Most myths are connected to real incidents or rooted in data that are blown out of proportion or are deliberately exaggerated to spark fear. Media culture exaggerates this dynamic, magnifying anxieties and reinforcing fears. For adults to hear the voices of youth, they must let go of their nostalgia and suspend their fears. This is not easy.

So what are teens sharing on social media? A 2013 Pew Research Center report (Madden et al.,  2013) gives us some interesting numbers. This table shown below displays the distinct differences between 2006 and 2012, with 91% of teens posting a selfie, and over half sharing their email address. These numbers show a continuous increase through the years.

Figure 1 teens and social media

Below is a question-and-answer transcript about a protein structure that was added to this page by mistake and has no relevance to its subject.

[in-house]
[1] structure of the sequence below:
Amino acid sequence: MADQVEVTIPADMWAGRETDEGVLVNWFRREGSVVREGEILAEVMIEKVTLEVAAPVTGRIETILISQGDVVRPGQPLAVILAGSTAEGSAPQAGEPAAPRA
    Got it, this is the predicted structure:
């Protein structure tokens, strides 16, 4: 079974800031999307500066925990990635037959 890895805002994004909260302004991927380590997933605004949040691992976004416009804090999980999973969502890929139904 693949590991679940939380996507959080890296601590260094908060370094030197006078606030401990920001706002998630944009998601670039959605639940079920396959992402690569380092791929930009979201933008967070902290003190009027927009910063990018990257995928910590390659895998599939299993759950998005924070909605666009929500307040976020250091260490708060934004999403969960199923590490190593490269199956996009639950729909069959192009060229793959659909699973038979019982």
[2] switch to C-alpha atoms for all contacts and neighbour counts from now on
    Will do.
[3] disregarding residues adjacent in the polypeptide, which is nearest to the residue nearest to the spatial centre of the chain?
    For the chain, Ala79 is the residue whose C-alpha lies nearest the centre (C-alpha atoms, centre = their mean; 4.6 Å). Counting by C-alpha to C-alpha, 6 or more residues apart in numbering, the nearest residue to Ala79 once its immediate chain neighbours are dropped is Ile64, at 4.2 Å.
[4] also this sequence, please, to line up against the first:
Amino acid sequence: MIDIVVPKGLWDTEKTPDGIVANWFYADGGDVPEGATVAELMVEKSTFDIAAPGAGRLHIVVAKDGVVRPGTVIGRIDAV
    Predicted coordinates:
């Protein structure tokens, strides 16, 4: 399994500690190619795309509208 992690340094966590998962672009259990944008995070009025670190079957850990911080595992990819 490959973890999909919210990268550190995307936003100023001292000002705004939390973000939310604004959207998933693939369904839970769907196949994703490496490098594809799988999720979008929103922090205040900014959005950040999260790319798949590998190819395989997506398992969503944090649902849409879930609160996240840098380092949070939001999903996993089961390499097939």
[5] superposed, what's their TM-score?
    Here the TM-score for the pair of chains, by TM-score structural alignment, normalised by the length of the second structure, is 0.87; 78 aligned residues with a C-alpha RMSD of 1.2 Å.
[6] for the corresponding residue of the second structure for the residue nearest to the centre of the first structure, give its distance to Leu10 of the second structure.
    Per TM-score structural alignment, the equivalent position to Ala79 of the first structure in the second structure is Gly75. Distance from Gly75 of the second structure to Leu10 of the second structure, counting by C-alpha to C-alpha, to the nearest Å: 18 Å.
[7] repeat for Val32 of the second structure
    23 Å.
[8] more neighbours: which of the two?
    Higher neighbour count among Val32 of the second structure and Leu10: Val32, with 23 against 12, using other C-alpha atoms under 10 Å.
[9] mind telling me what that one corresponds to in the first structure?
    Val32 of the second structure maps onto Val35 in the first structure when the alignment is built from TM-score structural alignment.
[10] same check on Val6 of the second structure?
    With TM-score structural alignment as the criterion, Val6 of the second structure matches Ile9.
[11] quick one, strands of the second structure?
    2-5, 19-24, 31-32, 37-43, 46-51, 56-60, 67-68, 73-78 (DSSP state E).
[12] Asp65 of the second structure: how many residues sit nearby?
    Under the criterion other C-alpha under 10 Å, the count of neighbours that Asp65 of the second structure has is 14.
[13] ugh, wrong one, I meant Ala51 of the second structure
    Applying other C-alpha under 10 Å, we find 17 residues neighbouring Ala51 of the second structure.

Boyd’s sunny perspective on teens using their social media platforms to gain a modicum of control in their lives and to find creative ways of being social is a marked contrast from the recent articles that have invaded my social media world. The most notable of all the articles in recent months is one shared by many of my friends, with the provocative title of  “Have smartphones destroyed a generation?”(Twenge, 2017). Written three years after Boyd’s book, Twenge (2017) offers a searing critique of smartphones and their impact on the “iGen” generation, a generation born in the years between 1995 and 2012. Twenge (2017) argues that smartphones are leading to an increase in depression amongst this generation, and a decrease in dating and a desire to socialize in person. The effect of smartphones is seen in incremental ways, such as teenagers getting driver’s licenses at a later age, and a decrease in the number of teens being employed in part-time jobs. Some of these correlations are tied to a change in parenting styles and a shift in our culture, but Twenge (2017) makes an interesting argument in favor of limiting smartphones in the younger generation. As I think through these various viewpoints,  I can’t stress the irony of seeing this post on a social media app (Facebook), nor deny that I perhaps wouldn’t have been notified of this article had I not been on social media. I also realize that while I write about this book about teenagers and social media, my blog itself is a form of social media. The meta layers on this post are confounding!